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When asking five beekeepers a question about bees or beekeeping you often get five different answers. And all of them have their reasoning to support them.

And not one of the answers has ever been confirmed by bees!

We cannot ask bees a question in a way they understand, nor do we understand what they are telling us. All our knowledge about bees is based on experience, observations, conclusions, assumptions.

Last but not least, all answers, advice and actions are influenced by motivation.

What do we know about Bees?
An element of speculation has historically been part of our knowledge about bees and always will be. Through observation and research our knowledge is evolving over time. What we nowadays know about bees is different to what it was hundred years ago, and in hundred years from now our knowledge about bees will be better again.

It could also be wrong drawing the conclusion that the knowledge of a beekeeper who has kept bees for over fifty years is better, compared with someone who is into it for only a few years. Whilst the practical experience plays an important part, it also depends how much time and effort you invest to update your knowledge, along with an open mind to accept new discoveries by others.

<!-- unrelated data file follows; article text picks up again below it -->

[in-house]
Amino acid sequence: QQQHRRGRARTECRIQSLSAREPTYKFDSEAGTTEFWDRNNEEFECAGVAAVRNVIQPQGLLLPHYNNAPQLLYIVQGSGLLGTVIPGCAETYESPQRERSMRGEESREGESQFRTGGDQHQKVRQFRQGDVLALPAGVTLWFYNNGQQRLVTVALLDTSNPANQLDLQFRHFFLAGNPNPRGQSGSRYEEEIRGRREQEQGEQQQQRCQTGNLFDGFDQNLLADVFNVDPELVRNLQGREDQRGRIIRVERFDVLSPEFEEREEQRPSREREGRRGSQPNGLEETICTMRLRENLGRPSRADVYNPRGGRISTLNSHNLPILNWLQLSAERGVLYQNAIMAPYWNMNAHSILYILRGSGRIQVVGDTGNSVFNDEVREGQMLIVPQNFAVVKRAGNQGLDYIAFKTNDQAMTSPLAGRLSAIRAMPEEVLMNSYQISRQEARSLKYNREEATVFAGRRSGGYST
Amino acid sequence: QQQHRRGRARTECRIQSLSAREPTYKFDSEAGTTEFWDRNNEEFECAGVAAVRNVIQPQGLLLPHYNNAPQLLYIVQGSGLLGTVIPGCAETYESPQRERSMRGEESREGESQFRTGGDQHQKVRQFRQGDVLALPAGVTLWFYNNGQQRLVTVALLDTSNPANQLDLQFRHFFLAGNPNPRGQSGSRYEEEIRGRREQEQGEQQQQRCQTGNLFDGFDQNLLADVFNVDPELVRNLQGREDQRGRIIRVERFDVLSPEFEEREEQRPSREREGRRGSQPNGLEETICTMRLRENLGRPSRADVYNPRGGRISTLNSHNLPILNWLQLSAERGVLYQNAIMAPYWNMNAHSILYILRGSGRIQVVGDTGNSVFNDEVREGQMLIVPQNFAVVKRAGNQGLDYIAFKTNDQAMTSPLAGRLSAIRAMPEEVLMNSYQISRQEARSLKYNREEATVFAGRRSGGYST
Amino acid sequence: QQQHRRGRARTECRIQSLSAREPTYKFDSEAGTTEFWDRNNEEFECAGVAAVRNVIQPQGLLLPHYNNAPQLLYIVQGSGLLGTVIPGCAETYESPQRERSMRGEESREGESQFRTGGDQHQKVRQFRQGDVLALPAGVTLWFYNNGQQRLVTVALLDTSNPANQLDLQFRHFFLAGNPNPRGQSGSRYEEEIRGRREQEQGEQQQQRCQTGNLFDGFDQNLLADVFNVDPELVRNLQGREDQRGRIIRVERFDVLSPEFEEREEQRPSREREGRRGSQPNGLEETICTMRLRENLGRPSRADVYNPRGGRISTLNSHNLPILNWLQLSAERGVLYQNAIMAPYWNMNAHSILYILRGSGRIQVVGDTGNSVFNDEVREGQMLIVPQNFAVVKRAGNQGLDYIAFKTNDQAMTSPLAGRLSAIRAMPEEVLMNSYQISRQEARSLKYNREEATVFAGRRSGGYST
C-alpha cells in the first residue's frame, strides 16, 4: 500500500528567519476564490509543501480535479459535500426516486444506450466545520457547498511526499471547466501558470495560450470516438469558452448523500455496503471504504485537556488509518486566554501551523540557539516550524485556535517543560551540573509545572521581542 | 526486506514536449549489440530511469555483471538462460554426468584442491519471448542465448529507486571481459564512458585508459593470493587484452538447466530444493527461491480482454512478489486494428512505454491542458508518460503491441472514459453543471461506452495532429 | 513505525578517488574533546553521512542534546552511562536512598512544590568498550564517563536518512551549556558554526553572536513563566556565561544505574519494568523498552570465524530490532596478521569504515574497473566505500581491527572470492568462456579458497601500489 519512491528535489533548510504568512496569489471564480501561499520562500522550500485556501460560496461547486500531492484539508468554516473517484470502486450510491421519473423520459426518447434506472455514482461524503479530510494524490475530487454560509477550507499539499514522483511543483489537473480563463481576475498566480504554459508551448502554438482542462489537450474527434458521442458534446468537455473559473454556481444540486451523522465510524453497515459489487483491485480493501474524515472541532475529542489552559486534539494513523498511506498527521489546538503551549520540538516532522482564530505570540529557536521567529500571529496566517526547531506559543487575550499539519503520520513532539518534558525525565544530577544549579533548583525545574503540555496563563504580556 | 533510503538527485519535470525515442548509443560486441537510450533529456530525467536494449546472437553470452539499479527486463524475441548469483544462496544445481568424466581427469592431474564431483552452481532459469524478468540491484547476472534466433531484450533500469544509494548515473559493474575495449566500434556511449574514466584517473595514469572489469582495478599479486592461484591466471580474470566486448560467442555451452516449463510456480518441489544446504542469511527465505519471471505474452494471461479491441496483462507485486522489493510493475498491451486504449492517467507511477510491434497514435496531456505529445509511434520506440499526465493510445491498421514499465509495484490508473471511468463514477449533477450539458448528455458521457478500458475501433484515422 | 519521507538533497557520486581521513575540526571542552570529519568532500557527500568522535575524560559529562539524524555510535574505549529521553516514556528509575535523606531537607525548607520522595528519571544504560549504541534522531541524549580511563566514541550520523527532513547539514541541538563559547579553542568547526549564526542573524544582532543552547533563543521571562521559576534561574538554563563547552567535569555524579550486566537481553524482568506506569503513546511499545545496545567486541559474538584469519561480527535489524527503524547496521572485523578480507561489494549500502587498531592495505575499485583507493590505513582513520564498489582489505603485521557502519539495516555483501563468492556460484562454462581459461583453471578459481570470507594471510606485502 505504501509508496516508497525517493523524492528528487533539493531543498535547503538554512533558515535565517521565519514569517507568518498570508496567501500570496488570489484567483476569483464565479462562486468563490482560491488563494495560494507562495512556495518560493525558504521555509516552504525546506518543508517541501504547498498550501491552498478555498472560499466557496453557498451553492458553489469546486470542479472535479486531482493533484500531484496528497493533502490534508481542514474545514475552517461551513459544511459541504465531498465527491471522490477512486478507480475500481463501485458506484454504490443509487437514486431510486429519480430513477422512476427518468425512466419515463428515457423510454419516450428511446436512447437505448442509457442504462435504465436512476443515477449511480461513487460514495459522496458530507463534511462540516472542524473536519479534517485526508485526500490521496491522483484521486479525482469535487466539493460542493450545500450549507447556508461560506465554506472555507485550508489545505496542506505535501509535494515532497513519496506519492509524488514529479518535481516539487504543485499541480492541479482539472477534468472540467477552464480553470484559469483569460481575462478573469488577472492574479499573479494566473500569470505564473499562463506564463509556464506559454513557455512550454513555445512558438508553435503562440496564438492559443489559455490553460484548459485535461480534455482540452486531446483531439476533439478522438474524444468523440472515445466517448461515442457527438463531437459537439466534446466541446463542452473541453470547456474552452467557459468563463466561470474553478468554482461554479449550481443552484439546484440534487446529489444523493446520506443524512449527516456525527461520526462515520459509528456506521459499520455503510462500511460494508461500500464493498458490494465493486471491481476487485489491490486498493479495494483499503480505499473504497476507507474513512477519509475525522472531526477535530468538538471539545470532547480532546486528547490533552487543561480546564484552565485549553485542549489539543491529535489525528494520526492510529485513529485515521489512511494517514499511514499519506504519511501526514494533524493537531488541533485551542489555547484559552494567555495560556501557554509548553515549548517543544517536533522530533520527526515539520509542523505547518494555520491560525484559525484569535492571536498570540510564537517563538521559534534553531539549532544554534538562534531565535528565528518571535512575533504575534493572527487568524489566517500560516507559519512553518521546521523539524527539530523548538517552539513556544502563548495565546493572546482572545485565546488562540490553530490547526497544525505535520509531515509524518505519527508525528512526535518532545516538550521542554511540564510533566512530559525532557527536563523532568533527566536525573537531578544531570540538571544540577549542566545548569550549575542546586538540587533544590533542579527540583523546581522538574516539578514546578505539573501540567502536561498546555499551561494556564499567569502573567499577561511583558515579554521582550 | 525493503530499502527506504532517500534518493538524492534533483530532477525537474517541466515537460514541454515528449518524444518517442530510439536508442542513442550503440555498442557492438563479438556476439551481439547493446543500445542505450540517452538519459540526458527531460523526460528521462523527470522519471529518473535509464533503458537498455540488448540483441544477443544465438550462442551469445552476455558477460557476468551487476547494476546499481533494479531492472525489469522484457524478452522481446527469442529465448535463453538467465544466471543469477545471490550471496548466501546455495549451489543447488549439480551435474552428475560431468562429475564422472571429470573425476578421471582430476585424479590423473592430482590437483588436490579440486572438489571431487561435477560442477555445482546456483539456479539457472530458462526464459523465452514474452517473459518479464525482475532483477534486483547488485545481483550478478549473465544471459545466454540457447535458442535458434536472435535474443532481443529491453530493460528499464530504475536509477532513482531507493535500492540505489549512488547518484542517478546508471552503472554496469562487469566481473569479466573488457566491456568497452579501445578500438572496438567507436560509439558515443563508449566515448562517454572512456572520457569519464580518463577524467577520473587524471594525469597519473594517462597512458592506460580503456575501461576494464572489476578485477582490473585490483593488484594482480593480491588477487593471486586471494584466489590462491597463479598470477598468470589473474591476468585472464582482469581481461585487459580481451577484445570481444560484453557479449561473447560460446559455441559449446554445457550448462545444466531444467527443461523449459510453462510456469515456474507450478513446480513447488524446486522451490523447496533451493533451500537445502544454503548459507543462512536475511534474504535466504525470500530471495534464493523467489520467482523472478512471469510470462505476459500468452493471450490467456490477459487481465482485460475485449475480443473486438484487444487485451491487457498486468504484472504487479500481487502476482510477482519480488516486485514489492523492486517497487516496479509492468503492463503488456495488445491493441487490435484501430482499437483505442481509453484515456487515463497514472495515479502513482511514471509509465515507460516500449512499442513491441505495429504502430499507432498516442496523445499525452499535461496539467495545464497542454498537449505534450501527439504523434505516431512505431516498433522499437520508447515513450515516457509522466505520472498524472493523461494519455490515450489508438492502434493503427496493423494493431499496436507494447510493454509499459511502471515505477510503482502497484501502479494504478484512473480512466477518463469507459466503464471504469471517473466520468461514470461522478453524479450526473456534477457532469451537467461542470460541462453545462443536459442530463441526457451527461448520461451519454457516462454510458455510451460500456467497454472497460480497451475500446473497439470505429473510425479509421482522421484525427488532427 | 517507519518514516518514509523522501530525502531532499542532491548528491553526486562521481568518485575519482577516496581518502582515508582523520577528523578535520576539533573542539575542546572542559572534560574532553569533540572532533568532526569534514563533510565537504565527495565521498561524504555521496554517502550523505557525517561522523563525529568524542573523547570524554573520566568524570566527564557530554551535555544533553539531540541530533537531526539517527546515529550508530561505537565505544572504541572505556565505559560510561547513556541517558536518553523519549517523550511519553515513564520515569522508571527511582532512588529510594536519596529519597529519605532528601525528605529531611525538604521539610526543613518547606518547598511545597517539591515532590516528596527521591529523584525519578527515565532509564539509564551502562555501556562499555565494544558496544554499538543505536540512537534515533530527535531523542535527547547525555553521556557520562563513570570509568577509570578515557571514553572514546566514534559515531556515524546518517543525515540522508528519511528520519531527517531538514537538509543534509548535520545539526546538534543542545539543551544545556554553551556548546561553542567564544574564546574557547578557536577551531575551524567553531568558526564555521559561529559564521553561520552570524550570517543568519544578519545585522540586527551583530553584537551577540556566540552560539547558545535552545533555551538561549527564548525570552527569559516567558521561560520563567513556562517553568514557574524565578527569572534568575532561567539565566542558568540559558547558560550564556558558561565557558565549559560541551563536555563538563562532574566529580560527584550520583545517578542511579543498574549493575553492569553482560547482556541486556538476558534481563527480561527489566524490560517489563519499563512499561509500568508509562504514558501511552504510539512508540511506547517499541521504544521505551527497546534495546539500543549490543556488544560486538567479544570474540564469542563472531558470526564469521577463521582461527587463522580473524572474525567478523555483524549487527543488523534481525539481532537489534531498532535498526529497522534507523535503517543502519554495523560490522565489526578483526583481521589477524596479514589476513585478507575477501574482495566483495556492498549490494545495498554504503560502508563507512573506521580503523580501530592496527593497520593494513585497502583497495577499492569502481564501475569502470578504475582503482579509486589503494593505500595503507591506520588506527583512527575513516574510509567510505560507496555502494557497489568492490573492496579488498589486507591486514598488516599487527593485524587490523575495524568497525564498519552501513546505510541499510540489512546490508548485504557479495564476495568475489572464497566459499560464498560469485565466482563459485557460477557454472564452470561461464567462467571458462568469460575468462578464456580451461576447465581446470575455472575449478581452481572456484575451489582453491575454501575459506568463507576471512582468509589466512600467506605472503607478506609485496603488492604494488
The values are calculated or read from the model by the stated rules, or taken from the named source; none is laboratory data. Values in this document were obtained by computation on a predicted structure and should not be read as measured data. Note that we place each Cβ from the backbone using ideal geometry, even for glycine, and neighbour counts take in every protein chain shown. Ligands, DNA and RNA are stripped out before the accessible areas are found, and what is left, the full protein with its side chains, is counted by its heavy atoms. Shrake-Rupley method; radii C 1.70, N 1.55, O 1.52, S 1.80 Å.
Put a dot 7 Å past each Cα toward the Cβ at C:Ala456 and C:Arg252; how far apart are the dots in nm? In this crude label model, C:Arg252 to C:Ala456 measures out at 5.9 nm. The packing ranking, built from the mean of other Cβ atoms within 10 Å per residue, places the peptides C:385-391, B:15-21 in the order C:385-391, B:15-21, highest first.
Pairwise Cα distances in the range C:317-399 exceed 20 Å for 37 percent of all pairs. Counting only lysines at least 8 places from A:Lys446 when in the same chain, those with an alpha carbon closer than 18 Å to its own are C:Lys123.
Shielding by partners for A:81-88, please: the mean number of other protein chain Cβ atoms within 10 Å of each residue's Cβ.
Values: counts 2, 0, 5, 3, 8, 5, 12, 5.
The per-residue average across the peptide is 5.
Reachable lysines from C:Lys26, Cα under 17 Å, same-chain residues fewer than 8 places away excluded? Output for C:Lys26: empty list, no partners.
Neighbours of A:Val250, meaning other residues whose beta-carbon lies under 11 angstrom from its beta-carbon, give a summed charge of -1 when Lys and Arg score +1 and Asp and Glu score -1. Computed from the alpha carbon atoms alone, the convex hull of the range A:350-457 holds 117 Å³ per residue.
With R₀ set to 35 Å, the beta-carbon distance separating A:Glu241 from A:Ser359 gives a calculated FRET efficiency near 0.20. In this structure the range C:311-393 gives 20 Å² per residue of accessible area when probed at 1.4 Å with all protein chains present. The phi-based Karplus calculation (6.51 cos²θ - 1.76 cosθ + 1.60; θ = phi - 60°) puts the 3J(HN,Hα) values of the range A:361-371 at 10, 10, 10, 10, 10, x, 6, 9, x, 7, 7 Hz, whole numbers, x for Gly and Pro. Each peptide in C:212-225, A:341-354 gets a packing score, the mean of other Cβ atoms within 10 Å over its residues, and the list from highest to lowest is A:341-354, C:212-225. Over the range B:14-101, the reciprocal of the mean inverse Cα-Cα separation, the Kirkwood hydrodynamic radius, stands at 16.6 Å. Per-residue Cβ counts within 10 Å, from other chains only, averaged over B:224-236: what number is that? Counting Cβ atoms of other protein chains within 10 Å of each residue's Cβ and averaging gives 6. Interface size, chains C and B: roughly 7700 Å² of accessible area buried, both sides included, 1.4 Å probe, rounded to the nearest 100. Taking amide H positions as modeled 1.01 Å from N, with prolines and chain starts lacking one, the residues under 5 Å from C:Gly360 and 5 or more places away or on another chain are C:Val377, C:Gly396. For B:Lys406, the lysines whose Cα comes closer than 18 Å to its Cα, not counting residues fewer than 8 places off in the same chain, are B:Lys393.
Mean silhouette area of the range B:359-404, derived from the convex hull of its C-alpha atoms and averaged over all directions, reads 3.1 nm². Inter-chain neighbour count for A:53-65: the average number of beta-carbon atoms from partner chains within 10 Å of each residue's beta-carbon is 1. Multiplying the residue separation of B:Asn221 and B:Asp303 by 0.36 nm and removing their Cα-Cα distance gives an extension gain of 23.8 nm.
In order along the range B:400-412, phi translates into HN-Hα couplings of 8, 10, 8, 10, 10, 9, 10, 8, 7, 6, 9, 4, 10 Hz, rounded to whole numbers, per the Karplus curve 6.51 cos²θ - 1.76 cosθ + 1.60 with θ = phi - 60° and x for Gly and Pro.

A beekeeper with 2,000 or more beehives who makes a living from his/her hives has a different perspective on beekeeping as a hobby beekeeper with two hives in the backyard. What motivates one beekeeper might be irrelevant for another and is not necessarily relevant for the bees.

When for example, a big commercial beekeeper recommends the prophylactic use of antibiotics as part of winter preparation it might be the right answer from his/her perspective, but is not necessarily the right answer for the hobby beekeeper, and probably not the answer the bees are looking for.

Whatever the motivation is for keeping bees, beekeeping can only be sustainable when it has benefits for both, the bees and the beekeeper.

Commercial gain can be a motivation; although when maximising honey yield, the approach to beekeeping is different as when maximising pollination contracts, and different again when rearing and selling queen bees. Some beekeepers might keep a few hives in an apple orchard to improve crop yield as the main objective but don't interact with the bees otherwise. Some others might keep a beehive in the backyard with the aim to harvest some honey at the end of the season without any further interaction with the bees. Someone might want to keep a hive of very friendly bees in the backyard to introduce his/her kids or grandkids to the wonders of nature, watching and observing them regularly and closely, outside and inside the hive and maybe getting some honey every now and then as a bonus.

Our motivation is driven by our fascination for these amazing little creatures, interacting with and caring for each of our hives and providing them with a healthy environment in which they can grow and prosper, supporting them with the best of our abilities in their challenge to survive our "modern way of life".

Bees are adaptable and whatever we do interacting with bees can either help or work against them.

Bees survive despite what we sometimes do to them.

The difference between bees and humans:
Bees are trying to adapt to the environment.
We humans are trying to change our environment to suit us.

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